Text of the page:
Definitely learn the main Spanish words on street signs as Callaloo suggested. Oeste is west, este is east - fairly similar but easy enough to remember if you keep in mind east begins with an e in both languages. Buy a good map when you get there, you should have an OSJ street map and a map which covers the island.
WhereAreWe is offline  
Feb 13th, 2009, 10:02 AM
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We rented a car from Hertz at the airport and had no problems driving at all. We stayed at Rio Mar, which is close to El Yunque and then returned the car to the Hertz office in downtown San Juan. Hertz then transported us and our luggage, at no charge, to the cruise ship port.

I did not find the other drivers rude or aggressive. The point about road signs being in Spanish is good. In most ways it was as easy, perhaps easier, than driving in our home city.
Reisender is offline  
Feb 14th, 2009, 12:35 PM
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I am in San Juan as I write this and had a hertz rental for two days. Spent a lo0t of time driving, to El Yunque as well as to the west coast of the island. Used both the autopistas (turnpike-like situation) as well as smaller Commonwealth roads.

I am SORRY but while I won't say it is "unsafe" to drive here, I disagree about it not being "a big deal" and here is what I found.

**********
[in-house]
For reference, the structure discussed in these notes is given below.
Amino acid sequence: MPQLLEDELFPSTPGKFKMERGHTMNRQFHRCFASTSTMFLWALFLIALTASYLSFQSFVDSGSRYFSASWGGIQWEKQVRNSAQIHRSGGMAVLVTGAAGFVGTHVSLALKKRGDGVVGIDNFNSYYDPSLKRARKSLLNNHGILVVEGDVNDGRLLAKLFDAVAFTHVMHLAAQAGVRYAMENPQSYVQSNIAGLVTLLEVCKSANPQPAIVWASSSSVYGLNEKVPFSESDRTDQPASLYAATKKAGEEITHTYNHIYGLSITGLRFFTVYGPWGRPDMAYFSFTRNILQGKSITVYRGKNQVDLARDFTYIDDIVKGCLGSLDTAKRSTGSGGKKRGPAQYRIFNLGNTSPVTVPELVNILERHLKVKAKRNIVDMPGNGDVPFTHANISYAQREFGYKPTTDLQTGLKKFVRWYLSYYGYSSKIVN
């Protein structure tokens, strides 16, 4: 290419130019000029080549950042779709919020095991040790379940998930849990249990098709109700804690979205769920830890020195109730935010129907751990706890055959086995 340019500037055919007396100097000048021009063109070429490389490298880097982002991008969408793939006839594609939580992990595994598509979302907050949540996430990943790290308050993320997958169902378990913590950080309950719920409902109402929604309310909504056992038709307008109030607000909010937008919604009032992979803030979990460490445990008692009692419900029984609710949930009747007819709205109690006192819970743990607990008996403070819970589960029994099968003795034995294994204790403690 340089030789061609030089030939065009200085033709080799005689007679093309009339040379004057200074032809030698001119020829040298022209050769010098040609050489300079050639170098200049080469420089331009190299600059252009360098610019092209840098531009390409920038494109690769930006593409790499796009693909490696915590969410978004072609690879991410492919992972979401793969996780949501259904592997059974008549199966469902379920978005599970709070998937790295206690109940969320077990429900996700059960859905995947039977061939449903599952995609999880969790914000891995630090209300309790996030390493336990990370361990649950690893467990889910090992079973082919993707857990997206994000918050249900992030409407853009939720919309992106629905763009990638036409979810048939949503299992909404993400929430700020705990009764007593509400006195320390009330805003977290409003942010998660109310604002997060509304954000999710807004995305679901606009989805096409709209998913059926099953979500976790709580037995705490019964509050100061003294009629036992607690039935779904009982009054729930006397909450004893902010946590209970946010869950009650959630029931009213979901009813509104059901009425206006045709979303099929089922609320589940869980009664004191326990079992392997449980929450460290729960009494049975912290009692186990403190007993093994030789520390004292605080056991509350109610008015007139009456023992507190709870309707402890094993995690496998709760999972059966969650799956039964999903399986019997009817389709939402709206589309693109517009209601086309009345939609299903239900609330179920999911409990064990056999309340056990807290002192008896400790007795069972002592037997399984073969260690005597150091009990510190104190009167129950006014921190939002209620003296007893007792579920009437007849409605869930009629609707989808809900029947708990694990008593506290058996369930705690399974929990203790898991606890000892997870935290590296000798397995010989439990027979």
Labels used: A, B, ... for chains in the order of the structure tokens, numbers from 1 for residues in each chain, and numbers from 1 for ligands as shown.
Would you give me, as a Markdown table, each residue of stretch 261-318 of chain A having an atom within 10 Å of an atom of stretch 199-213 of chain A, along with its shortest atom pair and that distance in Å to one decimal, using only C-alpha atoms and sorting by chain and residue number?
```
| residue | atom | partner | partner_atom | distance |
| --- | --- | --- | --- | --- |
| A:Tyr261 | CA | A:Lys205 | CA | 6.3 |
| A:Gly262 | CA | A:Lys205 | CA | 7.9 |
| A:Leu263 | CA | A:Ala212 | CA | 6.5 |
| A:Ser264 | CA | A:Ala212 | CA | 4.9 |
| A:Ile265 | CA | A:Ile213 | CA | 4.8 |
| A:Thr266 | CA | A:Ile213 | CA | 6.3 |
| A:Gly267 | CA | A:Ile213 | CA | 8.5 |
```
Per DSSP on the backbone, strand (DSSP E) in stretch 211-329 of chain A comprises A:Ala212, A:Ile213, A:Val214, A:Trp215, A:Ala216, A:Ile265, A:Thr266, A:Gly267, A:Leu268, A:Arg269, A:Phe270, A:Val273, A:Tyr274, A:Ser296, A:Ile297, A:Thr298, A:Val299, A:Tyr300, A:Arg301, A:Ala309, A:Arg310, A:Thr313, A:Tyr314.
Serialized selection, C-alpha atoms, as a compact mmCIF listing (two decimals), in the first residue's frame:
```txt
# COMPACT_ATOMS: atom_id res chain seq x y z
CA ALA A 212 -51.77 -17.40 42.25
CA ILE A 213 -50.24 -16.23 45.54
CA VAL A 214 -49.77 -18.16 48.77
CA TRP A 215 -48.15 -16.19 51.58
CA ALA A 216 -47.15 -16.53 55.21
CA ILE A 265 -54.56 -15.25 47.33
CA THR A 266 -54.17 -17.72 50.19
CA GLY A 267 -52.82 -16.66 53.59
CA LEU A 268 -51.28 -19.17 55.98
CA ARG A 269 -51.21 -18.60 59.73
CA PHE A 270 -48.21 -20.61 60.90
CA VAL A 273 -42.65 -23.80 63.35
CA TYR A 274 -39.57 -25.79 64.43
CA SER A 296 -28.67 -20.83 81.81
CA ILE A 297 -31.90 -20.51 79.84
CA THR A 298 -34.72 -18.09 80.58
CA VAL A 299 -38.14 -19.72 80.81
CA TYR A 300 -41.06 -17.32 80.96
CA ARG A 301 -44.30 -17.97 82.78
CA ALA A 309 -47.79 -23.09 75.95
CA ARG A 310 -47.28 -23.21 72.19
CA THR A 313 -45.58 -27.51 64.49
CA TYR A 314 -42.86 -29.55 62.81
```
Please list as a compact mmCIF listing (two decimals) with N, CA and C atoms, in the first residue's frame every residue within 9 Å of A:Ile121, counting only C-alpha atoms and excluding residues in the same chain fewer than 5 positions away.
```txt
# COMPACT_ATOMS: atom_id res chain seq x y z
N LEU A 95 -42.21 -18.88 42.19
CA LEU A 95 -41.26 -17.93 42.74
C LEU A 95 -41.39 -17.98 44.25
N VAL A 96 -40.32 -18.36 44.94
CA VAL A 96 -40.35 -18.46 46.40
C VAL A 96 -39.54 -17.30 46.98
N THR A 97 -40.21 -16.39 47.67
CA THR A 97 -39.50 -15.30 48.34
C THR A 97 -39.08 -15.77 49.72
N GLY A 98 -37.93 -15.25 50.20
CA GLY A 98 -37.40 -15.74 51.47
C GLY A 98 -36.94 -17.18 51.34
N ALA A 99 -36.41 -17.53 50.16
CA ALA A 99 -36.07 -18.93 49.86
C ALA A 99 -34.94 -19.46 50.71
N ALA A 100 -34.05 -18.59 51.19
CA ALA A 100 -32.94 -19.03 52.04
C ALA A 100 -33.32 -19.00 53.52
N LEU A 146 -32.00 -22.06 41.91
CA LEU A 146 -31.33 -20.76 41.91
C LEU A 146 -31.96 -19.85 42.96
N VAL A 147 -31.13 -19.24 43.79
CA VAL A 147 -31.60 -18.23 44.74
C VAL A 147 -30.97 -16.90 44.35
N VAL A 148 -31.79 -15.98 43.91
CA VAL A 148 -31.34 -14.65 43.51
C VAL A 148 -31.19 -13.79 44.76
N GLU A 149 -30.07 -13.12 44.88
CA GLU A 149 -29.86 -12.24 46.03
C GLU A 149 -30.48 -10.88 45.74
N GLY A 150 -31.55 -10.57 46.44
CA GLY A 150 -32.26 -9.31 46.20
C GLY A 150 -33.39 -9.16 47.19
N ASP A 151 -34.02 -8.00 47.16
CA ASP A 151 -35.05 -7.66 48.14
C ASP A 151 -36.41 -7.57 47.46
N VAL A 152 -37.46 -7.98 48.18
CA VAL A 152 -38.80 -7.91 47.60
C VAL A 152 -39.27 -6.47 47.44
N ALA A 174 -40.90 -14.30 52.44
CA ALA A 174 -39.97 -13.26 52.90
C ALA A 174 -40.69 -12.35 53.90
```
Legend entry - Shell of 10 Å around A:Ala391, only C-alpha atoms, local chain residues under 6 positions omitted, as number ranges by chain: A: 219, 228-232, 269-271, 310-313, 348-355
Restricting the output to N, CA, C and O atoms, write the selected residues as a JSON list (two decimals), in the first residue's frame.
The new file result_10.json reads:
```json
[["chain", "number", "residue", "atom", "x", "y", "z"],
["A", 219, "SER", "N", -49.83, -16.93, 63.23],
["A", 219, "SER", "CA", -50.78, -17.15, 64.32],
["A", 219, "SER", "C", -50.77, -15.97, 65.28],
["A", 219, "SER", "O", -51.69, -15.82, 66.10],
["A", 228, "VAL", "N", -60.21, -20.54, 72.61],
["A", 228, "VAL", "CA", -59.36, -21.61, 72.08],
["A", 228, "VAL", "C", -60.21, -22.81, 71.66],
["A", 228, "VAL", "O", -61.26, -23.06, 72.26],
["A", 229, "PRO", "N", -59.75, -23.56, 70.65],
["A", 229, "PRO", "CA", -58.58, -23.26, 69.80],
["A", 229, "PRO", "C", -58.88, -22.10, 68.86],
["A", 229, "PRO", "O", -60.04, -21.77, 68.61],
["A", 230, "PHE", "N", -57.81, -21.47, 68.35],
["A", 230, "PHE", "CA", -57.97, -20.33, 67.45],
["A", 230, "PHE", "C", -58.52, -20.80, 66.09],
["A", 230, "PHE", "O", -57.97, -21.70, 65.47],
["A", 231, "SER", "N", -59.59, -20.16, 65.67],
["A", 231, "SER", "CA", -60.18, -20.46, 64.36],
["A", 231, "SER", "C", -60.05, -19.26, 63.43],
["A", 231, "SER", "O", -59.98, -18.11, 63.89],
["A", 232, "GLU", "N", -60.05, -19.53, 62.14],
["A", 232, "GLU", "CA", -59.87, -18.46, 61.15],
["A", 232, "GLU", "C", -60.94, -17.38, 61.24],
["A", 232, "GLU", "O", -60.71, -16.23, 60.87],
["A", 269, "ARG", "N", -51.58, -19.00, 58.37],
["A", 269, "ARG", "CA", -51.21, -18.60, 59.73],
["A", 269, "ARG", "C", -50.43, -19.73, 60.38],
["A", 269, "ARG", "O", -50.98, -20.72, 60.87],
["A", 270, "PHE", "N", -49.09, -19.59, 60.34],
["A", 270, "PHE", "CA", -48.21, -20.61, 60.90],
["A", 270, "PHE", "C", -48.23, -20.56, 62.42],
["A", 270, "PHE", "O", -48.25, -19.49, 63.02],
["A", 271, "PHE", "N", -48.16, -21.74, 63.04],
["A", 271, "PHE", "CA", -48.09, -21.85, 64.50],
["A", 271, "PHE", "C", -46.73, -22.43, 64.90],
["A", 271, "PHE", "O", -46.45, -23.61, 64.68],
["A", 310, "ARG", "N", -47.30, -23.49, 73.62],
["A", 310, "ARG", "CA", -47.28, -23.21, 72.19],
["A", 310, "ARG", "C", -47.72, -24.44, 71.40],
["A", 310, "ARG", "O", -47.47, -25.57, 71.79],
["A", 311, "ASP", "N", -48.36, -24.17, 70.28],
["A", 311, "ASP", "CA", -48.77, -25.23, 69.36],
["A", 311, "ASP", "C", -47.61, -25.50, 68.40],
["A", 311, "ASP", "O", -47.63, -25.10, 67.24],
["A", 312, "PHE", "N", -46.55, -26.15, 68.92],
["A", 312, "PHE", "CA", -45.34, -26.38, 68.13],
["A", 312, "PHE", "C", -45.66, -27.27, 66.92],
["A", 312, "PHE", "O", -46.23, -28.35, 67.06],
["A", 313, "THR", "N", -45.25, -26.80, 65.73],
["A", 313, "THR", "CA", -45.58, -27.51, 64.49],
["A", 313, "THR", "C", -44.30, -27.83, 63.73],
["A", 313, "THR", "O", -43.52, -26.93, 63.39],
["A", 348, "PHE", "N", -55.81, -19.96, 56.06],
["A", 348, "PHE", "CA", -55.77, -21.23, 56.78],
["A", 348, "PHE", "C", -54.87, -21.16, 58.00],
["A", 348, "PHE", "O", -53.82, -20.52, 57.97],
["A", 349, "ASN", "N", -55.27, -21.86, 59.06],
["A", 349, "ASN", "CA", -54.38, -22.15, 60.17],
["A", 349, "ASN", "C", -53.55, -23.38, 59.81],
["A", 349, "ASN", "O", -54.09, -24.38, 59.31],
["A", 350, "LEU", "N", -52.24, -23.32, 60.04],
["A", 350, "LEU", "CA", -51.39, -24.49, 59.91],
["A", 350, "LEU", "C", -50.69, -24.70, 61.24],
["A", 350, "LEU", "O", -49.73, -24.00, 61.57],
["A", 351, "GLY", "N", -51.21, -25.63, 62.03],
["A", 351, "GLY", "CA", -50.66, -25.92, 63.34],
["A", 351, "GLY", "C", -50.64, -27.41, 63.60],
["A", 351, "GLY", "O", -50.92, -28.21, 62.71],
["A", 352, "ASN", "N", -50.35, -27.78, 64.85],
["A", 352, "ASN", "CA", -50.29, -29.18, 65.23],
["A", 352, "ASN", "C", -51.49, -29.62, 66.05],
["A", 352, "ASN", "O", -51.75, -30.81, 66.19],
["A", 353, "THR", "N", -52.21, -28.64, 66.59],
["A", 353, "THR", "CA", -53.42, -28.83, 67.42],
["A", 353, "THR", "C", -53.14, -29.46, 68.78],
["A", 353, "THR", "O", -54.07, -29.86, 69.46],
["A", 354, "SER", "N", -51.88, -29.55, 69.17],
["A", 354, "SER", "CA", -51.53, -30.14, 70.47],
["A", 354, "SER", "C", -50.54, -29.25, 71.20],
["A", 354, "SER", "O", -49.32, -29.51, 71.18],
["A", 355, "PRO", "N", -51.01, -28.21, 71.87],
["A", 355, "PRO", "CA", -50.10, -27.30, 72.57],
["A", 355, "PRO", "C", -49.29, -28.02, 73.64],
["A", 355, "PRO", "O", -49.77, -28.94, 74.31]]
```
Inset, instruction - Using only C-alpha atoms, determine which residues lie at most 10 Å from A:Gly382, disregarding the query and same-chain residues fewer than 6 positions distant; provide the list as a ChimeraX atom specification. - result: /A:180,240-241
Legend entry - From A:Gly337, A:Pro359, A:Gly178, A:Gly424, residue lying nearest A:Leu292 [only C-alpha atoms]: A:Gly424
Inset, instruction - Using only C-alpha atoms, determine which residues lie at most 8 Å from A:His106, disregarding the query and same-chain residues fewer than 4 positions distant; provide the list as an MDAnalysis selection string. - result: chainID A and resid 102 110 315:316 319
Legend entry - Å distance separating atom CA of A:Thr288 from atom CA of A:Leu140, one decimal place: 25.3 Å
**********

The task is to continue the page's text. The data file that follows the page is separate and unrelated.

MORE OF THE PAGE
Apparently the turn signals in most cars here have been DISABLED.
On the autopistas a LOT of the drivers have found a home in the left lane and have no intention of moving aside even for an ambulance.
It reminds me of driving in Italy, lots of "chicken" and let's turn left from the right lane IN FRONT OF YOU...and it they SEE YOU LOOKING AT THEM they will definitely turn in front of you.

Otherwise, no problems at all.
Dukey is offline  
Feb 14th, 2009, 09:20 PM
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Dukey - I see lots of people in the U.S. who don't use their turn signals and/or stay in the left lane when they have no business being there. I honestly can't say I saw any more of that in Puerto Rico than I do at home.

I had read many horror stories about intersections looking like a hockey match when the light turns green: cars turning left from the right lane, cars turning right from the left lane, extra lanes forming on the shoulders, etc. Never saw any of that in person in 5 days, not in San Juan or elsewhere. How often did that occur on your trip and where?